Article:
Montenegro – Adriatic’s Secret Jewel
One of the biggest surprises in visiting the countries near the Adriatic Sea is “discovering” Montenegro! Whether you arrive by land or sea, you will be filled with awe and wonder at the spectacular beauty.
Because of this, a seasoned traveler might even compare some of the sites to Alaska’s fjords. Montenegro means”black mountain.” The mountains around this beautiful little city look black; thus, the early sailors named it Montenegro.
A day in the port of Kotor:
Montenegro’s port city of Kotor recently gained popularity with cruisers. Each of my three visits here have been absolutely delightful Kotor, its ancient walls, and the fortification above the city are all UNESCO sites. Consequently, here are at least three things I recommend for your visit in Kotor:
1. A city tour:
Each cruise line will provide a walking city tour; depending on the cruise line, some are complimentary and some are for a fee. Kotor itself is a walled city, surrounded by a moat. In the center of the main square is the Tryphon Cathedral. Kotor’s cathedral is unique in that only one of its towers was
completed after a severe earthquake in 1979. The local guides are quite good in giving a brief overview of their city. The walk is low impact with few stairs. I highly recommend a city tour for your first visit to Kotor. There are numerous shops, cafes, and coffee shops in which you may enjoy the ambiance of Kotor.
2. Our Lady of the Rocks:
According to legend, this islet was made over the centuries by Croat seamen. On July 22, 1452 an icon of the Madonna and Child was discovered on a rock in the sea. As the legend goes, at that time they made an oath that each seagoing vessel would toss a rock toward the rock near the Madonna with the belief that this would bring a successful voyage.
After centuries, these many rocks formed a small islet large enough to build a chapel to the Madonna. Upon returning from a successful voyage, seaman brought a tribute to the Madonna. This islet is a treat to visit. The interior chapel walls are banked with 100s of silver & gold icons given to the Madonna after a successful voyage.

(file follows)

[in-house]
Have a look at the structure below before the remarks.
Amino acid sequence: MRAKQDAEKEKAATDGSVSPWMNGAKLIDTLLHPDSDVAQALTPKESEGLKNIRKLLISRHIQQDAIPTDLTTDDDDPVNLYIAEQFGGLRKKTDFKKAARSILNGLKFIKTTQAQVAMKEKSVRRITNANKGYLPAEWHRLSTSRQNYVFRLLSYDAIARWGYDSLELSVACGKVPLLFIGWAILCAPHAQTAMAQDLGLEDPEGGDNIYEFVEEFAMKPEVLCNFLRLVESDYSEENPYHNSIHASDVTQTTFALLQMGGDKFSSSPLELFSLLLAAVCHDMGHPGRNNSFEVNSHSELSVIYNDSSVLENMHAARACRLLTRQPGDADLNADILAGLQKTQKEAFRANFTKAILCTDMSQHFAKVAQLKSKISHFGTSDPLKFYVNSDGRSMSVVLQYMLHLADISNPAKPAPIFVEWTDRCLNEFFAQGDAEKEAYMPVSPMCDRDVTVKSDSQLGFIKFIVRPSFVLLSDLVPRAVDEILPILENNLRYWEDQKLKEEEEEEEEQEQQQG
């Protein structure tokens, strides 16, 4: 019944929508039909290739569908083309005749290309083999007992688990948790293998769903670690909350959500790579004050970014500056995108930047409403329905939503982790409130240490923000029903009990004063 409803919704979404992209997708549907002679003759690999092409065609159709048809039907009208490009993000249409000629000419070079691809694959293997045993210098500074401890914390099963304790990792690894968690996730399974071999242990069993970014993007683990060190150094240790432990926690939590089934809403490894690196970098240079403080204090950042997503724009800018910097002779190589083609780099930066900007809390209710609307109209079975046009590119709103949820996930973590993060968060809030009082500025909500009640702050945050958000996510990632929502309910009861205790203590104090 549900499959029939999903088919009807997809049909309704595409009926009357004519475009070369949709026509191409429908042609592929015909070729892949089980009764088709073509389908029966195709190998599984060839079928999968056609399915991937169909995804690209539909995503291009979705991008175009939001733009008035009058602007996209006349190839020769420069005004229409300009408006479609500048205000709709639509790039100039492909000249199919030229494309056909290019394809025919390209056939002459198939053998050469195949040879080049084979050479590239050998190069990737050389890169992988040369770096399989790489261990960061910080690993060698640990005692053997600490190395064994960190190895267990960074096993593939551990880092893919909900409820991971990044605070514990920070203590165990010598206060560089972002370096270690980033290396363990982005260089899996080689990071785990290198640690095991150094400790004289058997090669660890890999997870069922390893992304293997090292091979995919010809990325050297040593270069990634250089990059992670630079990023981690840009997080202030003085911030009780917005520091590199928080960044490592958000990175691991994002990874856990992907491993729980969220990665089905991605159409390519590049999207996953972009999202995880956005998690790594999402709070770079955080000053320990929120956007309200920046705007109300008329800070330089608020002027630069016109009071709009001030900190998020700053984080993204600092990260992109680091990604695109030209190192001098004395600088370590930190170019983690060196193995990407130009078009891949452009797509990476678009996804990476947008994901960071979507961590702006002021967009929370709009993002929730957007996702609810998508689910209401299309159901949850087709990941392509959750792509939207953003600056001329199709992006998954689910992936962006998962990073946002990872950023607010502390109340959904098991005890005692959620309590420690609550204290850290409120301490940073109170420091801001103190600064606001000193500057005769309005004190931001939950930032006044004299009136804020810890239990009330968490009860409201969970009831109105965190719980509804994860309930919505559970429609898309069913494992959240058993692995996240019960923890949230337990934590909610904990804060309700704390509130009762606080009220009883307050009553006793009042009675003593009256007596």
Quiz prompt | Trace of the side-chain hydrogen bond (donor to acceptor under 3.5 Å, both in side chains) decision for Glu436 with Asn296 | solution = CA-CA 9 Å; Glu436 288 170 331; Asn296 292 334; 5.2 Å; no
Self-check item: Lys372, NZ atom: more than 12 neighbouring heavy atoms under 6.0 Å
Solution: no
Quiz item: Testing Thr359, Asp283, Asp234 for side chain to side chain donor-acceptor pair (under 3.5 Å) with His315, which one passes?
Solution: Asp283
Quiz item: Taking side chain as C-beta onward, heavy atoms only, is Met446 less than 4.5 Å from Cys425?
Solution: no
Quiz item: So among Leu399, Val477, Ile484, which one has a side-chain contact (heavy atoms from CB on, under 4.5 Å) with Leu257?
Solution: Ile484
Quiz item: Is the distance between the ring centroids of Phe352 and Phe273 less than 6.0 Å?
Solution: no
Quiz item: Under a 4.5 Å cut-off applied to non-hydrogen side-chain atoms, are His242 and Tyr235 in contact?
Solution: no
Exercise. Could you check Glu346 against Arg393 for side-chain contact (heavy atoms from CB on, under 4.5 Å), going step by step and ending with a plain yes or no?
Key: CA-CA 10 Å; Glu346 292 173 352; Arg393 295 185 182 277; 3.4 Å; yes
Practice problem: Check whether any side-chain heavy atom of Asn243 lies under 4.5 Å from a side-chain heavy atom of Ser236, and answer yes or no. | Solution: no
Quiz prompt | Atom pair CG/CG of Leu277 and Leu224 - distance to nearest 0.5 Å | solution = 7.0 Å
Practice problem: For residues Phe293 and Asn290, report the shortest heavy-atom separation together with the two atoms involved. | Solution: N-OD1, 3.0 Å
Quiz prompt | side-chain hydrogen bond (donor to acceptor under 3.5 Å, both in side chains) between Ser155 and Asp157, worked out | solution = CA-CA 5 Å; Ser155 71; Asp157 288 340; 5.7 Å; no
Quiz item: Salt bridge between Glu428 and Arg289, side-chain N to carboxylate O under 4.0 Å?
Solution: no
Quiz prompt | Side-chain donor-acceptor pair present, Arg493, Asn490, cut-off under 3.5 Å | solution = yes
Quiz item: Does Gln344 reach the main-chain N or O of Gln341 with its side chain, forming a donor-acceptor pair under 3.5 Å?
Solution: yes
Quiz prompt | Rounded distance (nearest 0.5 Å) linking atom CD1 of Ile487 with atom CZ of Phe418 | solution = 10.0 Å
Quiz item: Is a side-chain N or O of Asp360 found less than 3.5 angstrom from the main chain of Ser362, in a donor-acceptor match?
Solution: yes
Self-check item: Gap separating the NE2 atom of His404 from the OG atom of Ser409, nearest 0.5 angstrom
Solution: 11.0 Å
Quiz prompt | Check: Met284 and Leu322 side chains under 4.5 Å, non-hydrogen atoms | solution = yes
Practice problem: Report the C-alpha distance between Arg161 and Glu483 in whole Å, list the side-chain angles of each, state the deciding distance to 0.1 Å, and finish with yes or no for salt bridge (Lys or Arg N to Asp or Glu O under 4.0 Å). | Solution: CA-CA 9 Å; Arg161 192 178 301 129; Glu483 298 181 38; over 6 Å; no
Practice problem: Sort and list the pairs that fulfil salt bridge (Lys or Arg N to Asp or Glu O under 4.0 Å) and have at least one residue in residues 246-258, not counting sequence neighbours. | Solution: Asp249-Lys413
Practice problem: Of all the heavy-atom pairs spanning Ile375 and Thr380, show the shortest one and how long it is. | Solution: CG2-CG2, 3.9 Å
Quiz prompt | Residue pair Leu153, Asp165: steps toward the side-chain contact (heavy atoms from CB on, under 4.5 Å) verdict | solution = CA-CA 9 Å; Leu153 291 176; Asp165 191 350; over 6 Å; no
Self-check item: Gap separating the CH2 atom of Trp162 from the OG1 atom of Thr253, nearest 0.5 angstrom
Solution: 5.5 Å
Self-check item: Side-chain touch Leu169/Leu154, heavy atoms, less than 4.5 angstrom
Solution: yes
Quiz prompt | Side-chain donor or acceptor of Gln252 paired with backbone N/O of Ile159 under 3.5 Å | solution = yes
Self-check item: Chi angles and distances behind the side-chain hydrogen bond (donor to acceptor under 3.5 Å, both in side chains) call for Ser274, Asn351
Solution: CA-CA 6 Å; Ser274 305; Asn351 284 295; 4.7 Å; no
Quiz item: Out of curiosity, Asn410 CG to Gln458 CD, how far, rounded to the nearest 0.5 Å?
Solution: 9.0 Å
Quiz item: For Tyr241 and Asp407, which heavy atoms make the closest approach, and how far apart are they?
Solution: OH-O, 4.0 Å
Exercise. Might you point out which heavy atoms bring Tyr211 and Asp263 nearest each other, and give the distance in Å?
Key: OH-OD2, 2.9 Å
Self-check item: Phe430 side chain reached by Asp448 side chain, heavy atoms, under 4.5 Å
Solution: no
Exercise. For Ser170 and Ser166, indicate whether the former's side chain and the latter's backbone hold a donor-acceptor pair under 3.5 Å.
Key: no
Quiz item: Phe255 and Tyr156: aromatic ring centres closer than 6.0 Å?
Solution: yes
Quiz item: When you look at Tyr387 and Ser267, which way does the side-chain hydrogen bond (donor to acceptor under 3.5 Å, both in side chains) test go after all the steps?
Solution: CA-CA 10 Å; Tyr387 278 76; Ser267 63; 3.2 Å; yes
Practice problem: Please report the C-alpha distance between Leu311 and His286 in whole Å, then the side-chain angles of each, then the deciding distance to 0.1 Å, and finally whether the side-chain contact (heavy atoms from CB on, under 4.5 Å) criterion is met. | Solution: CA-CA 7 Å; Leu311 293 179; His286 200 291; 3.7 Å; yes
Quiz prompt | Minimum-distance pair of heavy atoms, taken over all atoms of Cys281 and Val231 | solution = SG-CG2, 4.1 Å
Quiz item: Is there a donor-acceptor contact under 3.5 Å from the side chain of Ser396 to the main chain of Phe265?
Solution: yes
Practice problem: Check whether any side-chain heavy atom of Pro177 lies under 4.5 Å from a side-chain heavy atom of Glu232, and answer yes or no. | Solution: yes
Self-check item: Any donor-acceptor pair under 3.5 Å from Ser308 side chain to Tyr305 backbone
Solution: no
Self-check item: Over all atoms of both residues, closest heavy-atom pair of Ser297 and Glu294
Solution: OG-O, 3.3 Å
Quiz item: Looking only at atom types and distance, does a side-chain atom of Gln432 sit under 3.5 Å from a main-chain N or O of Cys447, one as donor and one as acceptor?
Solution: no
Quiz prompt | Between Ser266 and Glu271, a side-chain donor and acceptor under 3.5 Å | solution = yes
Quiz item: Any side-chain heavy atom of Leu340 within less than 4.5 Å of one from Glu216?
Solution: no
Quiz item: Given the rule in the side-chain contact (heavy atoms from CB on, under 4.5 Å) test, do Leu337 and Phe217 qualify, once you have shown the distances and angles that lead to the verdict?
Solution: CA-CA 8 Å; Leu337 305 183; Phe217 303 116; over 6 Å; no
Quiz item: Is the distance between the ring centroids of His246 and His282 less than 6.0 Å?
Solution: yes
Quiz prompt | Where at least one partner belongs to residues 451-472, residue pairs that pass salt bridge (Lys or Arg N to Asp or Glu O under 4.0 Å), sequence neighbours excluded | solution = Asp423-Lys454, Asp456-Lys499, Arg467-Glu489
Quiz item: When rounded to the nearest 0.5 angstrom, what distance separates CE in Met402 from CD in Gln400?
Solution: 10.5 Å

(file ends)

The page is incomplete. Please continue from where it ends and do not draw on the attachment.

To visit the islet, you will either travel around the Adriatic coast by bus or boat to the small village of Perast. From Perast you will take a brief boat ride across the water to the little islet. On the islet you should receive a guided tour of the chapel dedicated to the Madonna and Child. If you travel to Perast by bus, you will return by boat and vice versa. This excursion is a memorable treat.
3. The Kotor hike to the fortification above the city:
Kotor sets at the foot of Mt. Saint John. On the top of this mountain is an ancient fortification built by different groups dating back to the 1400s. Its history is tangled and convoluted. If you want to know more about this fortification, click here. For the sake of your short visit, though, you can still climb to the top on an unguided tour. As you walk though Kotor, veer to the right; eventually, you will come to the beginning of the hike. There is a small fee of just a few Euros.
The hike to the top is over 1,500 steps. The steps are wide, steep, curved, and uneven. Each step is equivalent to two, so a hike to the top and back to the city below is approximately 5,000 steps. If you are adventuresome and in good health, I highly recommend this! There is a small chapel about half way to the top that is a good turn around spot. And, remember to take water. I’d probably avoid the hike on a rainy day because of the uneven and steep steps. The views of Kotor, the sea below, and the general area from this hike are priceless.
Location and a “little” Montenegro history:
Montenegro’s Southwest coast is the Adriatic Sea. It received its name because early seaman thought the mountains looked black. The country is bordered by Croatia to the west, Bosnia and Herzegovina to the northwest, Serbia to the northeast, Kosovo to the east, and Albania to the southeast. Its capital and largest city is Podgorica. The coastal town of Kotor is absolutely a delightful way to enter Montenegro.
In 1042 a revolt resulted in the independence of Duklja from the Byzantine Empire and a new dynasty formed. In the following centuries, this area was controlled by several different regional powers and the Ottoman Empire. In 1918 Montenegro became a part of the of Yugoslavia. At the end of WW II, it became part of the Socialist Federal Republic of Yugoslavia led by Tito.
After the death of Tito, circumstances changed in the Slavic regions. When Yugoslavia broke up in 1992 with a series of revolts and revolutions, Serbia and Montenegro established the Federal Republic of Yugoslavia. The other former republics opposed this. Later, it renamed itself Serbia and Montenegro. On May 21, 2006 they held an independence referendum. Then on June 3, 2006 they declared an independent Montenegro. Three weeks later on June 28, 2006 the United Nations accepted Montenegro. Finally, on Oct. 22, 2007 it was officially named Republic of Montenegro.
Today, the country enjoys a time of peace. Its economy is based on international trade and tourism. In addition to the booming cruise ship traffic, Montenegro also offers several world class ski areas. The Euro is the standard of change, and by European standards, their tax rate is low at a flat 9%.
If you have enjoyed this blog (and I trust you have!), you might also love my blog about Dubrovnik, Montenegro’s Croatian neighbor.